CMBS Prepayment Terms


Defeasance and yield maintenance are used to define the prepayment terms of a CMBS loan (Commercial Mortgage Backed Securities) before its maturity.


"Defeasance" is the substitution of collateral. Defeasance is used to calculate the cost of paying a commercial mortgage before the maturity date. Depending on market conditions, the borrower may incur a cost to defease a loan (going from a high rate to a low rate) or the borrower may receive a discount on the outstanding principal balance (going from a low rate to a high rate). When defeasance is used by the borrower, US Treasury bonds are purchased to substitute the cash flow of the borrowing entity (commercial real estate property) for the remainder of the term of the mortgage note when the borrower elects to pay the note (defeasance) before its maturity date.

Yield Maintenance

"Yield maintenance" is an actual payoff of the loan made up of two parts: the remaining principal balance on the loan and a prepayment penalty. The prepayment penalty applies because the borrower is paying off the loan prior to the maturity date; it allows the lender to attain the same yield as if the borrower had made all scheduled mortgage payments until maturity. The penalty is based on the difference between the interest rate on the loan and a specified reference rate (generally defined in the “NOTE”), and the remaining payments on the loan multiplied by this interest rate differential. The higher the borrower’s loan rate and the lower the current market rates, the greater the yield maintenance penalty. Unlike defeasance, there are no transaction costs associated with yield maintenance and the debt payments are paid off in cash instead of US Treasury securities.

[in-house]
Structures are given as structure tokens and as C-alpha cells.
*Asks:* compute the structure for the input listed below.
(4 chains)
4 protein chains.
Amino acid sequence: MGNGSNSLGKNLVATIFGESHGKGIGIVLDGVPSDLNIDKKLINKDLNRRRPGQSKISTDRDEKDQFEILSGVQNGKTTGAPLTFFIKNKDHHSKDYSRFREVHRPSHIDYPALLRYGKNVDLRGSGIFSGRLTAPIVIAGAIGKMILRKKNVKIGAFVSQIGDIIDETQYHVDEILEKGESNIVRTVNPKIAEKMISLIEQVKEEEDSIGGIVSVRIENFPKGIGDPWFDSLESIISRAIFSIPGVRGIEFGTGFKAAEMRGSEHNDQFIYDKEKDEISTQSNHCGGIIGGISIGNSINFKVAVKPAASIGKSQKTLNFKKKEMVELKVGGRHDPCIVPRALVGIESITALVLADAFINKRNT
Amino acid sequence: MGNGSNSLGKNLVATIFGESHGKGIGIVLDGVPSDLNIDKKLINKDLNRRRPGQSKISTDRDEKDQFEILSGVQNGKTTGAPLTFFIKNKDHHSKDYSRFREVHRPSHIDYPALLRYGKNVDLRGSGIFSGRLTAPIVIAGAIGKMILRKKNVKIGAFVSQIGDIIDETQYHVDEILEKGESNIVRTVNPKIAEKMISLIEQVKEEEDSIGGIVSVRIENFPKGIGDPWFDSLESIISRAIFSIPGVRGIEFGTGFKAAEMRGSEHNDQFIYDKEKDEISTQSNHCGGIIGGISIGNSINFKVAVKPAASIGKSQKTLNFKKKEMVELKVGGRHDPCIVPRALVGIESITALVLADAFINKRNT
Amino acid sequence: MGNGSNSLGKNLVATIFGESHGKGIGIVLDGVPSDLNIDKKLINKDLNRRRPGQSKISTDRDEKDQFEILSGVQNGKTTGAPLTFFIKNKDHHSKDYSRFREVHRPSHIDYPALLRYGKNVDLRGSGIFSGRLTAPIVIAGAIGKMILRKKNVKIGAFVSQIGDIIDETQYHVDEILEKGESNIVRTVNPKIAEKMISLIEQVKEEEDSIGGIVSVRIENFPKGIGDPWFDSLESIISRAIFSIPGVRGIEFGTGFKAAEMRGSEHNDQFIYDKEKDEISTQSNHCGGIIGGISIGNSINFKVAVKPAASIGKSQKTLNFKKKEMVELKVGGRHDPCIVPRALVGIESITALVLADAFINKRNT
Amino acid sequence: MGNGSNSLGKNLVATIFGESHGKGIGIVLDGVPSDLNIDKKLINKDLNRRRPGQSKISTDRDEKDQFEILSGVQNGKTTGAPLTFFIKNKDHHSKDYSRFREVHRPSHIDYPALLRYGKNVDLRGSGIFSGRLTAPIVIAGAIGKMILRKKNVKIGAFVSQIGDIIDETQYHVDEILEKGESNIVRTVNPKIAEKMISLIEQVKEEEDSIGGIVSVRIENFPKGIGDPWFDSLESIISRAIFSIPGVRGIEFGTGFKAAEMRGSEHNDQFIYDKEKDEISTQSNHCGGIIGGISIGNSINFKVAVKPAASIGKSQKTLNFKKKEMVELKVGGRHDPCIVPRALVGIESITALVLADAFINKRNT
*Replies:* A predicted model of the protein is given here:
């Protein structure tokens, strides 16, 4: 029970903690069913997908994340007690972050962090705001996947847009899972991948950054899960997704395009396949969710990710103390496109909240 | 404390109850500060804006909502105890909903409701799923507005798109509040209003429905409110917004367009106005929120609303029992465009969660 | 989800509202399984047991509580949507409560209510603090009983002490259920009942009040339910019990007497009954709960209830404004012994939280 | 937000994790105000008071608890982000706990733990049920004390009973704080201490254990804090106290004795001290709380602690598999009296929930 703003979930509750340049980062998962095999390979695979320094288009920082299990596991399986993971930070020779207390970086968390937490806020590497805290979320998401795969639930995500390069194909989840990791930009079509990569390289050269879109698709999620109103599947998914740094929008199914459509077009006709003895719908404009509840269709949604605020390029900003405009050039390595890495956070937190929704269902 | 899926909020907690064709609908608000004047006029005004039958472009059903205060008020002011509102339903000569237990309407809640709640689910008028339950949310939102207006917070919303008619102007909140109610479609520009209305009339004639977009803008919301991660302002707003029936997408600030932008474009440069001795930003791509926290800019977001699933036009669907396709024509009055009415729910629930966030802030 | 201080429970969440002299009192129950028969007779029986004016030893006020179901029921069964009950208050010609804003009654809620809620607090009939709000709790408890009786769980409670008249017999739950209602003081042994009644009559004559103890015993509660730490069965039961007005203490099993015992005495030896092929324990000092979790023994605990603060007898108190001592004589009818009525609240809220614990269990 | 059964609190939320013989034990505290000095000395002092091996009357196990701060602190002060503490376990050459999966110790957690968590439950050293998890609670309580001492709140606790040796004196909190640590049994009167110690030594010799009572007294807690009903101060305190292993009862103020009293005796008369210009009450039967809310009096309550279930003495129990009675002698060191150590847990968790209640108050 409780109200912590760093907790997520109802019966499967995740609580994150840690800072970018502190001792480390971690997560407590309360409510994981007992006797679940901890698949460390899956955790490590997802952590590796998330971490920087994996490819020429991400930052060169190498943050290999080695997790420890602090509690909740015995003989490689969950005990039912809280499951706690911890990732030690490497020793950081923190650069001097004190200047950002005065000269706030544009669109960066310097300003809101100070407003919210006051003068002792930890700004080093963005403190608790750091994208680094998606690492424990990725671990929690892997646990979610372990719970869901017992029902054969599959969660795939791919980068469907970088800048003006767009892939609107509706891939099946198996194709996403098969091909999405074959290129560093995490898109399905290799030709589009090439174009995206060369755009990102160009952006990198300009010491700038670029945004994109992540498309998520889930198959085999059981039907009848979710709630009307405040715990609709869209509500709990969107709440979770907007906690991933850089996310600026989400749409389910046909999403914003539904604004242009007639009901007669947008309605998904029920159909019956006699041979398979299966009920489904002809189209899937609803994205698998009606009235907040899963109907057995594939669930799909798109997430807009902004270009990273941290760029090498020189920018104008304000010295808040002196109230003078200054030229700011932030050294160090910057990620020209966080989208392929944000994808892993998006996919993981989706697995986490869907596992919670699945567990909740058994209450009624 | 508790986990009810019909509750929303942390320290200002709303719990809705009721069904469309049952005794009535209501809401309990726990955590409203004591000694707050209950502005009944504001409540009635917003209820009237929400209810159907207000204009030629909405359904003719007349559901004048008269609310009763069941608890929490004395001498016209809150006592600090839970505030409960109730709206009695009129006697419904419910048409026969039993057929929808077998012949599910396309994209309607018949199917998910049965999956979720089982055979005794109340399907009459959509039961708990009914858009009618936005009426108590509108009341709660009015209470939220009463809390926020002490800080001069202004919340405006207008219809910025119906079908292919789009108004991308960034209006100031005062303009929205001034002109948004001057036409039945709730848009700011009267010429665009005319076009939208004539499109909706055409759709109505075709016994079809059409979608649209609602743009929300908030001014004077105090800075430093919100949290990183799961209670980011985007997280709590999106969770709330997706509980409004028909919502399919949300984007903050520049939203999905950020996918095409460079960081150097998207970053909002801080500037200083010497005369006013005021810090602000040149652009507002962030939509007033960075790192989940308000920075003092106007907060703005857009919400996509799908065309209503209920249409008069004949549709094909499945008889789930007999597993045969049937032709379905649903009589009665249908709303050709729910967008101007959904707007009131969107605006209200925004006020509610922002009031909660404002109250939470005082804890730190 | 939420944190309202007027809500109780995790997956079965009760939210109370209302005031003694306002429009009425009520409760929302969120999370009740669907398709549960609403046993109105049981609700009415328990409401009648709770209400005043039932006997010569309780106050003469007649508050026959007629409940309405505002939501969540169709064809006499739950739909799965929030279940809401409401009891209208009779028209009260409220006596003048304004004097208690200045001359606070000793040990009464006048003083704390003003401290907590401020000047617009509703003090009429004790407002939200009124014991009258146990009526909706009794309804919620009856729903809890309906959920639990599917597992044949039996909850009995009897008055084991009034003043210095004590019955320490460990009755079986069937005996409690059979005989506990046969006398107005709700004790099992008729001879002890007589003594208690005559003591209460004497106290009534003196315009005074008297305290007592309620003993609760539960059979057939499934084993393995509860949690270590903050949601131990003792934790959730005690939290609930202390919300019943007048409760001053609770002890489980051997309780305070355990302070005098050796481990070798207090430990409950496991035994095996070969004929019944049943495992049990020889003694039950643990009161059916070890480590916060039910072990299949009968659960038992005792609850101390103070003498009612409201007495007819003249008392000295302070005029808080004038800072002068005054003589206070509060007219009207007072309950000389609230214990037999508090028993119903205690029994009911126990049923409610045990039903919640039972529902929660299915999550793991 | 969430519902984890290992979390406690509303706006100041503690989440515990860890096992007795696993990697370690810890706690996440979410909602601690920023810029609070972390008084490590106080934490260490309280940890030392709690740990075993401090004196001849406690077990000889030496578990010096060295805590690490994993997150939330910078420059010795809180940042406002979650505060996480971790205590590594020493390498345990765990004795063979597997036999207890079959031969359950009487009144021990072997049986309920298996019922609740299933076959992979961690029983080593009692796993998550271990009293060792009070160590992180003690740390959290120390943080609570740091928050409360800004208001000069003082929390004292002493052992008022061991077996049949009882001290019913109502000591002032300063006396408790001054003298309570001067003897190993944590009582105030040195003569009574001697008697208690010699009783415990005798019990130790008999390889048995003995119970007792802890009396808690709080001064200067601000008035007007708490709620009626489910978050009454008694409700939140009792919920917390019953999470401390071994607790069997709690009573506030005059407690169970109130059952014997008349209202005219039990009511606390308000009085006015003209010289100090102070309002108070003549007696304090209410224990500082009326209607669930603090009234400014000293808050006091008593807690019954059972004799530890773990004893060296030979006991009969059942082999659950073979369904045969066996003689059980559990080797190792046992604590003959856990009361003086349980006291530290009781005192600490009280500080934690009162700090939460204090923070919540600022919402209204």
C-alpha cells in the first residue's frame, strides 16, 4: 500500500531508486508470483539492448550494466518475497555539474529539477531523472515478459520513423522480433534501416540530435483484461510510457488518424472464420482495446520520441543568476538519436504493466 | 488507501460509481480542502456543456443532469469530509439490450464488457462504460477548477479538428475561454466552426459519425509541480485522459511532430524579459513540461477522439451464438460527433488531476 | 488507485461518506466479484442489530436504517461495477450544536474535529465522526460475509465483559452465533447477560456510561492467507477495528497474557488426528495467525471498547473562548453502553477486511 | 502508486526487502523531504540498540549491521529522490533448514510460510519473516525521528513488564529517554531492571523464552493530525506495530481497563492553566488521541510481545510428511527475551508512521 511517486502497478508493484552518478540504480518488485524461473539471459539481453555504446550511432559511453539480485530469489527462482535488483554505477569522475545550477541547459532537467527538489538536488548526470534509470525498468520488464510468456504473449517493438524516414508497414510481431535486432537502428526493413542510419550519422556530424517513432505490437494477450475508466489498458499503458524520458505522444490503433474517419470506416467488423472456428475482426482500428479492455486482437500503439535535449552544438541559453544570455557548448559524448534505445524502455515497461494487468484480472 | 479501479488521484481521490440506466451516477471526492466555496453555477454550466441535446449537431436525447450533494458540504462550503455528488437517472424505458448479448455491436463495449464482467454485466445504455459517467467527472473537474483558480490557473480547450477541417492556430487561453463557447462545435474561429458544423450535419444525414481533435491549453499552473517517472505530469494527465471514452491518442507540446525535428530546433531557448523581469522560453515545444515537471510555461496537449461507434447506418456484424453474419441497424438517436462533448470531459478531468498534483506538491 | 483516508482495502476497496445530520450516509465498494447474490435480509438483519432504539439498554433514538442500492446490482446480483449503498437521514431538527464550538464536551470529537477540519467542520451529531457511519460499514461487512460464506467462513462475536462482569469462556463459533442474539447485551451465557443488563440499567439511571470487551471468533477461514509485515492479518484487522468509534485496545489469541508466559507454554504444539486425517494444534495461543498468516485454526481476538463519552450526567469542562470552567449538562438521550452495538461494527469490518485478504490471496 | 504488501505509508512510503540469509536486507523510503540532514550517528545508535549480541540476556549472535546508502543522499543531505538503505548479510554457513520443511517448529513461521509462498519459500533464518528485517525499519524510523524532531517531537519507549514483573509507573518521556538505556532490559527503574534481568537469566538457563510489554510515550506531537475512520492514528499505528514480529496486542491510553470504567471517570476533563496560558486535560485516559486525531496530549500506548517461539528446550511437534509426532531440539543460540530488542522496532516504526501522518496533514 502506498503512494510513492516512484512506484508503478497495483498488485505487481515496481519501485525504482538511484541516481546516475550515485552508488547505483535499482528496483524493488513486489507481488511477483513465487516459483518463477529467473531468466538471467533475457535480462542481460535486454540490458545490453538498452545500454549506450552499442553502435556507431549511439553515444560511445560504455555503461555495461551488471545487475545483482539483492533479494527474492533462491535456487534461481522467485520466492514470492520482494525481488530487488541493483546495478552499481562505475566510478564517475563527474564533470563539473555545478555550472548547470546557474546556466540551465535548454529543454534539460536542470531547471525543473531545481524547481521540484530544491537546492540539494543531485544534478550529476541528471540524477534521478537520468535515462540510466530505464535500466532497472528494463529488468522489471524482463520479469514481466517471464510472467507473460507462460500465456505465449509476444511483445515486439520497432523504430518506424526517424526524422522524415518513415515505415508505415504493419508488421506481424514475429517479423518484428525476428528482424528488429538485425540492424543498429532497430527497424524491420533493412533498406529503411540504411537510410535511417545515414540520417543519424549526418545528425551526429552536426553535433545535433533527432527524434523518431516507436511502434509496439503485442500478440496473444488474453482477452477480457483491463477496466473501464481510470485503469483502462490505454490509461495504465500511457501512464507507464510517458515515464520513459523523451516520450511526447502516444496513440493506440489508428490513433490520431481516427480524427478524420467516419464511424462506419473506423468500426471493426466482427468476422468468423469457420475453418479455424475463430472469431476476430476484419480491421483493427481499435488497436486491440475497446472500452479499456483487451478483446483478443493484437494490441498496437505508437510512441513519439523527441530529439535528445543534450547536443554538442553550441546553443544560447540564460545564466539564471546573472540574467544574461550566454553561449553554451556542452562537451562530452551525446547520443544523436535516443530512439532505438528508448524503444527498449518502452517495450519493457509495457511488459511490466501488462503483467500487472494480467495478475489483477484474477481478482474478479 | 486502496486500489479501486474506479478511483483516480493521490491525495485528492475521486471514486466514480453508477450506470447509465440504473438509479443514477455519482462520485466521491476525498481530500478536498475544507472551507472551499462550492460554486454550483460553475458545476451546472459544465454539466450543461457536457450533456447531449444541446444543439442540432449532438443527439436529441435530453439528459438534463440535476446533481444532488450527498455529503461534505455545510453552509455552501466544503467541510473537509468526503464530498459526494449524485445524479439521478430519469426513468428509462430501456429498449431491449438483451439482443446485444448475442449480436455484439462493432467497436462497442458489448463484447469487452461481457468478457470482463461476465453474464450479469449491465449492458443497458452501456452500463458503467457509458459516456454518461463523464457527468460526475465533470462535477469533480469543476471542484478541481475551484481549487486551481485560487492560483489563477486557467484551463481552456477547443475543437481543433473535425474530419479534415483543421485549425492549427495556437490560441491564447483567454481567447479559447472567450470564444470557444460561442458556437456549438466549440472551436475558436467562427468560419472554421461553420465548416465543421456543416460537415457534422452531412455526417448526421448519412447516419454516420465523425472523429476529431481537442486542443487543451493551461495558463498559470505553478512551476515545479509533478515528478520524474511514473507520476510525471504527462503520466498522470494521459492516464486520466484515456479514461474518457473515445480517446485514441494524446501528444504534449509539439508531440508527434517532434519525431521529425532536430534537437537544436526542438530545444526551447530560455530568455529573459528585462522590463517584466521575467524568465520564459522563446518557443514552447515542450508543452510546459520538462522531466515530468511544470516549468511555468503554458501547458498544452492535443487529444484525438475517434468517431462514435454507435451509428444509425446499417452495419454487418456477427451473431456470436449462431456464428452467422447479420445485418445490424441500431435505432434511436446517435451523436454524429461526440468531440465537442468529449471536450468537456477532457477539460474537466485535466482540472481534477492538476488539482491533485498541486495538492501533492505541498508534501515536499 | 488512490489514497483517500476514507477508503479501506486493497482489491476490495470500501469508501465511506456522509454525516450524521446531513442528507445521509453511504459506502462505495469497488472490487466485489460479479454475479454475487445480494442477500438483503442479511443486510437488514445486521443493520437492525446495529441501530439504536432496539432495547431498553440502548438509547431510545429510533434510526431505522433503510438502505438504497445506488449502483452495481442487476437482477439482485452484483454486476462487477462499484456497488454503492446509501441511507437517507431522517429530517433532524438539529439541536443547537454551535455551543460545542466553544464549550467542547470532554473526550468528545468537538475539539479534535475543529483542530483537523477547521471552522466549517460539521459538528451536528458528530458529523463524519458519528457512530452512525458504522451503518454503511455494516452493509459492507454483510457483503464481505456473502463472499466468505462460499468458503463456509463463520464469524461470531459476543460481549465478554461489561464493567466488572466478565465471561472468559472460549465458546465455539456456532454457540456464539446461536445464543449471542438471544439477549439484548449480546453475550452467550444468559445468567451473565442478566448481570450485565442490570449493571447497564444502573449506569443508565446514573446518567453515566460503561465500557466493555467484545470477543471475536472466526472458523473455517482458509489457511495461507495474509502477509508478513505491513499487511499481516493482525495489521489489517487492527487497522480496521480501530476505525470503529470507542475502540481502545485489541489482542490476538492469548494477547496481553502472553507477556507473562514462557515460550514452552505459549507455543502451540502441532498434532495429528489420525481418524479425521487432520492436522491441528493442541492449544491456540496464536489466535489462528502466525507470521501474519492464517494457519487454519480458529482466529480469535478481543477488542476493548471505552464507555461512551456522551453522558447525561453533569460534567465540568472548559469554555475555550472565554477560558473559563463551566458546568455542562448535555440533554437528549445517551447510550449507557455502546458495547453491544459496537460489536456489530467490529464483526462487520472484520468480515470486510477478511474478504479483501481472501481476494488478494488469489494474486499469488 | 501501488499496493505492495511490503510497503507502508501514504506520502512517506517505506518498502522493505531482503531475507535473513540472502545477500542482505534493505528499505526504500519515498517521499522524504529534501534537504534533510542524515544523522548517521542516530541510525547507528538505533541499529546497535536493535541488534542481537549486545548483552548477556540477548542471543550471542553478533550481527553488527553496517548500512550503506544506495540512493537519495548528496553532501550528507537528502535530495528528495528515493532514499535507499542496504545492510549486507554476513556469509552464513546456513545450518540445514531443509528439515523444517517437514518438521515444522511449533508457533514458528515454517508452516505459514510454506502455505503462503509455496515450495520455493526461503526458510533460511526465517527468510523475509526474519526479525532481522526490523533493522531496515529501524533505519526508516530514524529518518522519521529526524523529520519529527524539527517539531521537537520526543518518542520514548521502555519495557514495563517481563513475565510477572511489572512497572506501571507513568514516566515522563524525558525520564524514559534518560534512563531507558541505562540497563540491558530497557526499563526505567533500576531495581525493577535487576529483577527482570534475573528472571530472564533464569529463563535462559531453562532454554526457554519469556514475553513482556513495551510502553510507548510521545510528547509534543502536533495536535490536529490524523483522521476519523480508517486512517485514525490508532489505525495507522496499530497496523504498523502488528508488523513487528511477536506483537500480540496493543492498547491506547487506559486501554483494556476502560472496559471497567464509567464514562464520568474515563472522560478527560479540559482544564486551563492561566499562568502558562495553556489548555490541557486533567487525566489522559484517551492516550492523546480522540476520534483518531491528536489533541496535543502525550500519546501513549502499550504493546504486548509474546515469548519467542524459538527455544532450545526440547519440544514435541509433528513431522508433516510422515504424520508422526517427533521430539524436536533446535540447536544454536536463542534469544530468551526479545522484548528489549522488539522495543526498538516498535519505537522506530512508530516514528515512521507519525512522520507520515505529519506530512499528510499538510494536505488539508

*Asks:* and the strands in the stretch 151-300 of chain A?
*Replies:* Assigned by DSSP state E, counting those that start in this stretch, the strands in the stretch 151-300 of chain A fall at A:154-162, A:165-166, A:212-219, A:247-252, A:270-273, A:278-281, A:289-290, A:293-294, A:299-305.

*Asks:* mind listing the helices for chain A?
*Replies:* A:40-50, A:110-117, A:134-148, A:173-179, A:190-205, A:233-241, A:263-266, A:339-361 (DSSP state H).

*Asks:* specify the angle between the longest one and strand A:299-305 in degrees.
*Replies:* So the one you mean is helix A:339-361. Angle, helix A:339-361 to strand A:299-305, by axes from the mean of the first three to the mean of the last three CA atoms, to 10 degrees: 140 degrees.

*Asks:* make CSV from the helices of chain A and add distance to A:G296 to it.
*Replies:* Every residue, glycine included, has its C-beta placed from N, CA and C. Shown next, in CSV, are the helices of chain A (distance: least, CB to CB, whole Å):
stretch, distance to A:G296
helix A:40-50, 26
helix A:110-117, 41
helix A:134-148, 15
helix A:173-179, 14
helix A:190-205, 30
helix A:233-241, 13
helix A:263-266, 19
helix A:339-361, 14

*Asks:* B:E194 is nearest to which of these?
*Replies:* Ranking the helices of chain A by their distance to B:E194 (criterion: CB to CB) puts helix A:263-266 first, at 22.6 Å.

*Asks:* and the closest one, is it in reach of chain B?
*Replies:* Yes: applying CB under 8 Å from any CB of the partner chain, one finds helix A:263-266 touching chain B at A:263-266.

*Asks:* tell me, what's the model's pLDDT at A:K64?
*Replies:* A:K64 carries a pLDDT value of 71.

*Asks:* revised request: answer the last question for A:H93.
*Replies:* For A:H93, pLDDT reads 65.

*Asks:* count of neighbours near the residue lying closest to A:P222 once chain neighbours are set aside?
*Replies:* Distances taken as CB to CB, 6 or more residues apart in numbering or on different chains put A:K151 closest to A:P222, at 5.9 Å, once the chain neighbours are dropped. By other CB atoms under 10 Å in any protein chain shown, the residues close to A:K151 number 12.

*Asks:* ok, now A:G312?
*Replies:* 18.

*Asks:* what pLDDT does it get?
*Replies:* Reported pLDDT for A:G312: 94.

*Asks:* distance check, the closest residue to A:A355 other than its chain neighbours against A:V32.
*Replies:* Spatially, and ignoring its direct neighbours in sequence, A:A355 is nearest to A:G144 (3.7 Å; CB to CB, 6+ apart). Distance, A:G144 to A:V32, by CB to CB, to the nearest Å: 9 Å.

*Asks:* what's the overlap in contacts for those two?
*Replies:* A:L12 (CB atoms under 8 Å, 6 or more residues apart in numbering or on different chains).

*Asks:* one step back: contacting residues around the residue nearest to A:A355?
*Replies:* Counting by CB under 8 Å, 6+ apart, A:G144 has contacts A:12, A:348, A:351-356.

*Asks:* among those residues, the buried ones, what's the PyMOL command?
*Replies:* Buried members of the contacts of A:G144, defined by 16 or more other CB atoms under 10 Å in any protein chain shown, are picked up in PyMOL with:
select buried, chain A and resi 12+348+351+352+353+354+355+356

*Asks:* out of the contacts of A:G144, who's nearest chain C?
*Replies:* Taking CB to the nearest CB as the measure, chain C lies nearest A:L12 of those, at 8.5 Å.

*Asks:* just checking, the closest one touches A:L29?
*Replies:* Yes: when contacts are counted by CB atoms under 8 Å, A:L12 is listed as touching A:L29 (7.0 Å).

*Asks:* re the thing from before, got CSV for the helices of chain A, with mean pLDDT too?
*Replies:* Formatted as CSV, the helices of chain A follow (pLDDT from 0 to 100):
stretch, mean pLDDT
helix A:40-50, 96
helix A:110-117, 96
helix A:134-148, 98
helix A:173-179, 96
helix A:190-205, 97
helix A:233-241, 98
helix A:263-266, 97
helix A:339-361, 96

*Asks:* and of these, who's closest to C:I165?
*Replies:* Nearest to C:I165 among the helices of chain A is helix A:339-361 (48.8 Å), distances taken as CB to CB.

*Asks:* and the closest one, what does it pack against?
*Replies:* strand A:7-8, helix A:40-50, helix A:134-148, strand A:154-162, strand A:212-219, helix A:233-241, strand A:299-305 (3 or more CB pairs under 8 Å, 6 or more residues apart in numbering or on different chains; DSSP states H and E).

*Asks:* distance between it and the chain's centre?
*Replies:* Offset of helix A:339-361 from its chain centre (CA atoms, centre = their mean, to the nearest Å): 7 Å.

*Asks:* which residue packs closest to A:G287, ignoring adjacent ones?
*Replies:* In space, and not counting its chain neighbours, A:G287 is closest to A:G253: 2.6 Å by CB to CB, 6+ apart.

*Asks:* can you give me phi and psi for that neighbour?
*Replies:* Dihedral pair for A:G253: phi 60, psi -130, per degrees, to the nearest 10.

Mathematically Explained

In a low interest rate market (like today), the borrower benefits with defeasance vs. yield maintenance.

For example:LOW RATE TO HIGHER RATE (Favorable to Borrower)

Hypothetically, moving from a rate of 6% to a rate of 8% = discount to the borrower

*Original Loan Amount: $5,000,000

*Amortization: 30 years

*Interest Rate: 6%

*Original Date of Note: May 1, 2004

*Date of defeasance: May 1, 2009

*Principal Balance at Defeasance: $4,677,404

*Discount with Defeasance from the Date the Loan was Initiated: $4,537,692

*Savings by Borrower: $139,712

*Result: If the borrower chooses to prepay or sells the property 5 years from the date the loan was initiated and the U.S. Treasuries increase from 6% to 8% as of 5/1/09, the borrower would receive a 3% discount on the principal balance or $139,712 savings.

External links

* [ Stursberg & Fine]

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Look at other dictionaries:

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